Brooks spent 10 days at Elmhurst Hospital, before being transferred to NYU Hospital to undergo a triple bypass.
Now the doctors say Brooks, who is a lifelong handball player, will be playing again this summer, Gardner said.
Despite the decrease in crime, there was a murder reported on Vernon Blvd and 50th Street last month, the first murder reported this year. A man was struck and died when his head hit the ground.
The police arrested Kaheem Addison who now faces manslaughter charges.
“The [murder] investigation was spectacular and I couldn’t be happier with the detective squad,” he said. “I am very proud of them and the work they did in solving this homicide very quickly.”
For crime statistics, click here
March 2, By Christian Murray
Kids from the Bronx, gay activists and even a horse, all turned out in the snow for The St Pat’s for All Parade in Sunnyside/Woodside on Sunday.
The parade, yet again, took on a very political flavor this year—with Mayor Bill de Blasio and several city council members all noting that they would boycott the St. Patrick’s Day parade on Fifth Avenue again this year unless it is more inclusive of gay groups.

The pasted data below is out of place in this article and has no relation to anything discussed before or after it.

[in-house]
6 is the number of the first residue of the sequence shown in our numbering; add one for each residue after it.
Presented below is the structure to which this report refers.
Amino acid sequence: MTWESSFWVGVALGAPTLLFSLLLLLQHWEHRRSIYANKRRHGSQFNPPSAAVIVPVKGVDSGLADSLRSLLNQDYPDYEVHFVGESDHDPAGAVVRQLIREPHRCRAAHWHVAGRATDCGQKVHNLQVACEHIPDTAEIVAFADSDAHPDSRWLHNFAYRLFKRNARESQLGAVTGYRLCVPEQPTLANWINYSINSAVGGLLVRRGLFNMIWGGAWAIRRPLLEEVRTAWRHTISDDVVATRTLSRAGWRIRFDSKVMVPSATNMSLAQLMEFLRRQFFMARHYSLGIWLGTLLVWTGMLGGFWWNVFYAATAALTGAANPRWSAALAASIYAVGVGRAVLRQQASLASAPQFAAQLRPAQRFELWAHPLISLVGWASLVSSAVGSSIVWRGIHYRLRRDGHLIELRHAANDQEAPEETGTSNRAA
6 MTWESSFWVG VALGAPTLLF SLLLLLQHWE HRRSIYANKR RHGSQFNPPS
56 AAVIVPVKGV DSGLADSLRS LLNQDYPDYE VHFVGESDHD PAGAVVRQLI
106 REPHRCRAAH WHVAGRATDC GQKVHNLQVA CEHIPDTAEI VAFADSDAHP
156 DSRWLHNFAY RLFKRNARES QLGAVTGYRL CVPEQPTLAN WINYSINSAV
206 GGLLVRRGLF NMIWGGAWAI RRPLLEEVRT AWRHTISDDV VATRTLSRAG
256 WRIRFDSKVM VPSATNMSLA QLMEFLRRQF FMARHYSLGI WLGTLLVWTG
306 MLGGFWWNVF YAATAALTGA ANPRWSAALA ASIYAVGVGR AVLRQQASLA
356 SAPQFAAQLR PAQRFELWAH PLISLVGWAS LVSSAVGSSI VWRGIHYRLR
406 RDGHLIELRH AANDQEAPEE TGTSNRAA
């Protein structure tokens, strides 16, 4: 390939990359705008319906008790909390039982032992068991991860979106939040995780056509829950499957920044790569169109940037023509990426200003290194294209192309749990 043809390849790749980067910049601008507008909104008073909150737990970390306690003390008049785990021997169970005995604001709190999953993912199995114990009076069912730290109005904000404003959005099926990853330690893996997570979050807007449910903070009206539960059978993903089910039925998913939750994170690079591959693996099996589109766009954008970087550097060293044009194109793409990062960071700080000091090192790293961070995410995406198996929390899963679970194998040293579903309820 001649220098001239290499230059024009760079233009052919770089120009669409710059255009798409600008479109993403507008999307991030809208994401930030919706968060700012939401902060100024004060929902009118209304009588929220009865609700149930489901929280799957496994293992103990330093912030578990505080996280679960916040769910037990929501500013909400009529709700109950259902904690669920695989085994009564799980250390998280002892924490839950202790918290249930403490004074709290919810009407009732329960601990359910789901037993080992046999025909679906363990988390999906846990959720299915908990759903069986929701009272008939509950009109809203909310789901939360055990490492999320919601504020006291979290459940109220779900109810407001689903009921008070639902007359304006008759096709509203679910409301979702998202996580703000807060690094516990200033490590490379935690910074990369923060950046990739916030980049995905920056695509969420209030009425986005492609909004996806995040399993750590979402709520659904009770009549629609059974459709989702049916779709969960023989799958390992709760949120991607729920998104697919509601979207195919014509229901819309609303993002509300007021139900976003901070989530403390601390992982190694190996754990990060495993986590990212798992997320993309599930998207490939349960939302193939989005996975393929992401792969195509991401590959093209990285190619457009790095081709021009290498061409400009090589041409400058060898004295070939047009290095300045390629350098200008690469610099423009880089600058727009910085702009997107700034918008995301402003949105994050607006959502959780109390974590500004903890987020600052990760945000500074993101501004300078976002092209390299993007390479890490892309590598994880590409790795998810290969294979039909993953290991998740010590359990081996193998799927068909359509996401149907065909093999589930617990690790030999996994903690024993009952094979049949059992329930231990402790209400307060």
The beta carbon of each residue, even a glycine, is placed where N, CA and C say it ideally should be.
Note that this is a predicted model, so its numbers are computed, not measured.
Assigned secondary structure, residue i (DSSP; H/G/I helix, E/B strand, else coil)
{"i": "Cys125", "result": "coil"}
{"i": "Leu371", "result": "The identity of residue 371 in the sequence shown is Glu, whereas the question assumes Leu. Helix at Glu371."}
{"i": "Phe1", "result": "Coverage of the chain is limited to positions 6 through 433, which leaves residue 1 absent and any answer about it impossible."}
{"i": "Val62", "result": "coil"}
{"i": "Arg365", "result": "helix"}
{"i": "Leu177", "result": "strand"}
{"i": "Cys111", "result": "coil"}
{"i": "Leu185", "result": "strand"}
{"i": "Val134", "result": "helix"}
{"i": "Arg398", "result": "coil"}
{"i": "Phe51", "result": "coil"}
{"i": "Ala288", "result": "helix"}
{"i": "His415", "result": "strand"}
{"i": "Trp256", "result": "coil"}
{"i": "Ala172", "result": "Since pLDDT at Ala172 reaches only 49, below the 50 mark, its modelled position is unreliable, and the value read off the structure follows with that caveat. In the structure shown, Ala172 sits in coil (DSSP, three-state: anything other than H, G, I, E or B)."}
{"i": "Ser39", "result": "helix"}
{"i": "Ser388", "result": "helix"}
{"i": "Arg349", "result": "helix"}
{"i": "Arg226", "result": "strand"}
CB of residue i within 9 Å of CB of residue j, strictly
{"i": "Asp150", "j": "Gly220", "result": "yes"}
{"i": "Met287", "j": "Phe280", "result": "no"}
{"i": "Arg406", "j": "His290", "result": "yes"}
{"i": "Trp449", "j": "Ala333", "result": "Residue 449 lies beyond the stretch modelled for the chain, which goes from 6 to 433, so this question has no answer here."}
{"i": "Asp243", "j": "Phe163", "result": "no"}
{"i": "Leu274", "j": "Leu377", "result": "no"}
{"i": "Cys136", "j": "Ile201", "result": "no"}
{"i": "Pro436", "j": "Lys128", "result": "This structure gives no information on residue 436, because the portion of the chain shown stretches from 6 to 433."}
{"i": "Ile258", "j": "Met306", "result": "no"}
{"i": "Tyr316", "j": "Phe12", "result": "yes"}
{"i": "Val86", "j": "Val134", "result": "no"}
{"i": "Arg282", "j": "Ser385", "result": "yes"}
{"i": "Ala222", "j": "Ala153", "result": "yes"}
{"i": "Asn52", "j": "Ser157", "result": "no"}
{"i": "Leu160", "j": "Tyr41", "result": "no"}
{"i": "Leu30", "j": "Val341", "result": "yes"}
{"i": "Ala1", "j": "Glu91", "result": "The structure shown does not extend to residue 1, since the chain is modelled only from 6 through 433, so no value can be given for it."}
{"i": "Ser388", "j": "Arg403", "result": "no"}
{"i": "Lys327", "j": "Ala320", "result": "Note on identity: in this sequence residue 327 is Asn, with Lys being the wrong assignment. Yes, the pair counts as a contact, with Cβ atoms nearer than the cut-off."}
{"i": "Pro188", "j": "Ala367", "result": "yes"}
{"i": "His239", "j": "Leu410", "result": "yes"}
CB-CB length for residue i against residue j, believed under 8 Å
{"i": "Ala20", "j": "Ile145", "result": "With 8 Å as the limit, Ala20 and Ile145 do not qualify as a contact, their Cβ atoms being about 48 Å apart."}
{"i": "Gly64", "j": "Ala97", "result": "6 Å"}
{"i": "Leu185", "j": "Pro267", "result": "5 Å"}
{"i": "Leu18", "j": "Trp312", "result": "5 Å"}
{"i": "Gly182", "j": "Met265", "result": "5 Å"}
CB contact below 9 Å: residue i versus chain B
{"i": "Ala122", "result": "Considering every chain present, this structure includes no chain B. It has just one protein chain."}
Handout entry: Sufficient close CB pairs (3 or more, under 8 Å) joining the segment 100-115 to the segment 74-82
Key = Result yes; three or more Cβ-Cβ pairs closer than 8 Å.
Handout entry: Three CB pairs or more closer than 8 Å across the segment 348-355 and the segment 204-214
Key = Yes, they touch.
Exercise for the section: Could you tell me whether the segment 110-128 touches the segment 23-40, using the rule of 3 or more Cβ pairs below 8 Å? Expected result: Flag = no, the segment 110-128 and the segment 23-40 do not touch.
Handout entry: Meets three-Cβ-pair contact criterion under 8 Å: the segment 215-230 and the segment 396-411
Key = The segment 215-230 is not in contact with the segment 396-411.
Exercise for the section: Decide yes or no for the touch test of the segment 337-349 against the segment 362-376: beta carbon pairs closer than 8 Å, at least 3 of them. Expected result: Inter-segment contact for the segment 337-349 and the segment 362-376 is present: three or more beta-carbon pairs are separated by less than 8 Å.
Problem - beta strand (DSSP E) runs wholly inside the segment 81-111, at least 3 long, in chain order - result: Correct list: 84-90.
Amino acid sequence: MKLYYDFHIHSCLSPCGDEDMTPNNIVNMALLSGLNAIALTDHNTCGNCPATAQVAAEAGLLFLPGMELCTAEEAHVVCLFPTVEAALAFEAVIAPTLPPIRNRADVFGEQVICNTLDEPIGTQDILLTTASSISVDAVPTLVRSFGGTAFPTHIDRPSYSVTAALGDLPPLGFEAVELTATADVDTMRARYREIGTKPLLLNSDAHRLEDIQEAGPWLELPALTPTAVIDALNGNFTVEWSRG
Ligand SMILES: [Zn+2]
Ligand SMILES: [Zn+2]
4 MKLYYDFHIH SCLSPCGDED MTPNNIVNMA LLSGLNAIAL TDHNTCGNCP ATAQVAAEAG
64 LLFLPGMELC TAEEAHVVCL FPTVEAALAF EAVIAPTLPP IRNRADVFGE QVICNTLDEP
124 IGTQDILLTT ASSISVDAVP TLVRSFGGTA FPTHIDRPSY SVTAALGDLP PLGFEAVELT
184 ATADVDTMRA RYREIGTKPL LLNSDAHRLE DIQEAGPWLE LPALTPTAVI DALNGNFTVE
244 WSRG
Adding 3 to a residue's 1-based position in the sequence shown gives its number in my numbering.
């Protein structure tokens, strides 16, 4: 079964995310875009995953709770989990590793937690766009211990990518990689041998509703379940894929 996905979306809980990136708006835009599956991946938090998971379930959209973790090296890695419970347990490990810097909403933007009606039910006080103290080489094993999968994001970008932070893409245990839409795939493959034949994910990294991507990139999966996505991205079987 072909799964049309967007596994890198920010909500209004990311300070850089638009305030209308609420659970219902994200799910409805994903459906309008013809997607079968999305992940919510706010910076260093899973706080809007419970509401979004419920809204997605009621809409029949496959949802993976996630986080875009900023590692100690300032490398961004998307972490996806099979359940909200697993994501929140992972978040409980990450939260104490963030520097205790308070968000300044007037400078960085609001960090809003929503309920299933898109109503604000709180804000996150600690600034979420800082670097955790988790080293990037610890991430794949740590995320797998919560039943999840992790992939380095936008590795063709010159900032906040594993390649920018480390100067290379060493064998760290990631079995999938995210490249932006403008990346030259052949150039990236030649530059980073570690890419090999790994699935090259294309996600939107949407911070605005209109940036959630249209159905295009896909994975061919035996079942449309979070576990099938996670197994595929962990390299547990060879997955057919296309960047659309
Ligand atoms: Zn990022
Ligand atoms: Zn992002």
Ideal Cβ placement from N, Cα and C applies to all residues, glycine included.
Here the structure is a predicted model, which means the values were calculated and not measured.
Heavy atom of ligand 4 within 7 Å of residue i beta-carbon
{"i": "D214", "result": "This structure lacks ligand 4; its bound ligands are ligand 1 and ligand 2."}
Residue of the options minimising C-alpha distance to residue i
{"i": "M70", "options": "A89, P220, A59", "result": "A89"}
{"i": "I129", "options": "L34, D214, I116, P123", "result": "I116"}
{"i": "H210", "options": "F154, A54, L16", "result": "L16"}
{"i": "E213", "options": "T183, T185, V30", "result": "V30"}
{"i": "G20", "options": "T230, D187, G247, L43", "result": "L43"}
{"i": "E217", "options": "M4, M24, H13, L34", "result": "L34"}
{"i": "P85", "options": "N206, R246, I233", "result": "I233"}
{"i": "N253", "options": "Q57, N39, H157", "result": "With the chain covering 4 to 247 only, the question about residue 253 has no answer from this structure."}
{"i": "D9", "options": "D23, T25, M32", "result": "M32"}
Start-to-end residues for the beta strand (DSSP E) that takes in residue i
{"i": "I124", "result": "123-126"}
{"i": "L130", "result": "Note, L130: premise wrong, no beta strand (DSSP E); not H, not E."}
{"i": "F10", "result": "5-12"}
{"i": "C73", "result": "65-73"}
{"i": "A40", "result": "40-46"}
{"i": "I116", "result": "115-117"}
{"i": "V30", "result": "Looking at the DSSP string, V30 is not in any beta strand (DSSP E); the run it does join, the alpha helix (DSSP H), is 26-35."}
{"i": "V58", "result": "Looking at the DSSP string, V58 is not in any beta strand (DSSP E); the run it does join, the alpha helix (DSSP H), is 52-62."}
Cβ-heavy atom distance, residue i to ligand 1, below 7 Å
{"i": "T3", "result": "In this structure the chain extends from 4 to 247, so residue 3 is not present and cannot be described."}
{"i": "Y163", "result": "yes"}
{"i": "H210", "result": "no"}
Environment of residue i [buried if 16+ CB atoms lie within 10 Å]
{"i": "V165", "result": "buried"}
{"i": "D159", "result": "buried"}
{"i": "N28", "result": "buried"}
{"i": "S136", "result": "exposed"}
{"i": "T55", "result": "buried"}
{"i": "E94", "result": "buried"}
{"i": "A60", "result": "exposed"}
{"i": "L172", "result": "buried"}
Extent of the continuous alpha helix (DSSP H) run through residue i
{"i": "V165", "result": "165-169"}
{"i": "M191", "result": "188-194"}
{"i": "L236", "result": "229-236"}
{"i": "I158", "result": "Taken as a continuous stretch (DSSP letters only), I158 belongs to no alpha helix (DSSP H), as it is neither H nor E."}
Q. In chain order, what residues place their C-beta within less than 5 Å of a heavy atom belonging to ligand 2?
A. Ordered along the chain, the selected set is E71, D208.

There were more snowflakes than shamrocks this year and attendance was down from previous years. Nevertheless the message about equality and human rights came through loud and clear.
“This is what pride is all about,” de Blasio told the crowd at the beginning event. “Pride in the city, pride in everyone’s heritage and pride in being whatever you want to be.”
De Blasio said this parade “celebrates Irish heritage no matter who you are,” while the Fifth Avenue parade is not open to all. While one LGBT group, Out@NBCUniversal, has been approved to march in the Fifth Avenue parade, de Blasio said that it was not enough. He said he is hopeful that more gay groups will be included by the time the March 17 takes place.
Several other politicians echoed the mayor’s sentiments.
“We will continue to stand up and make sure that the bigger parade on Fifth Avenue is more inclusive,” said Melissa Mark-Viverito, the council speaker, who also said that she and the city council would not attend unless all groups could attend.
However, the parade did include members of the horse-drawn carriage industry who were there to protest de Blasio’s plan to put them out of business–based on animal rights. Signs were placed in store windows along Skillman Avenue in support of the industry—which has a deep link to the Irish community.
De Blasio, at the end of the event, acknowledged that the contentious horse-drawn carriage bill would be subject to a vigorous debate.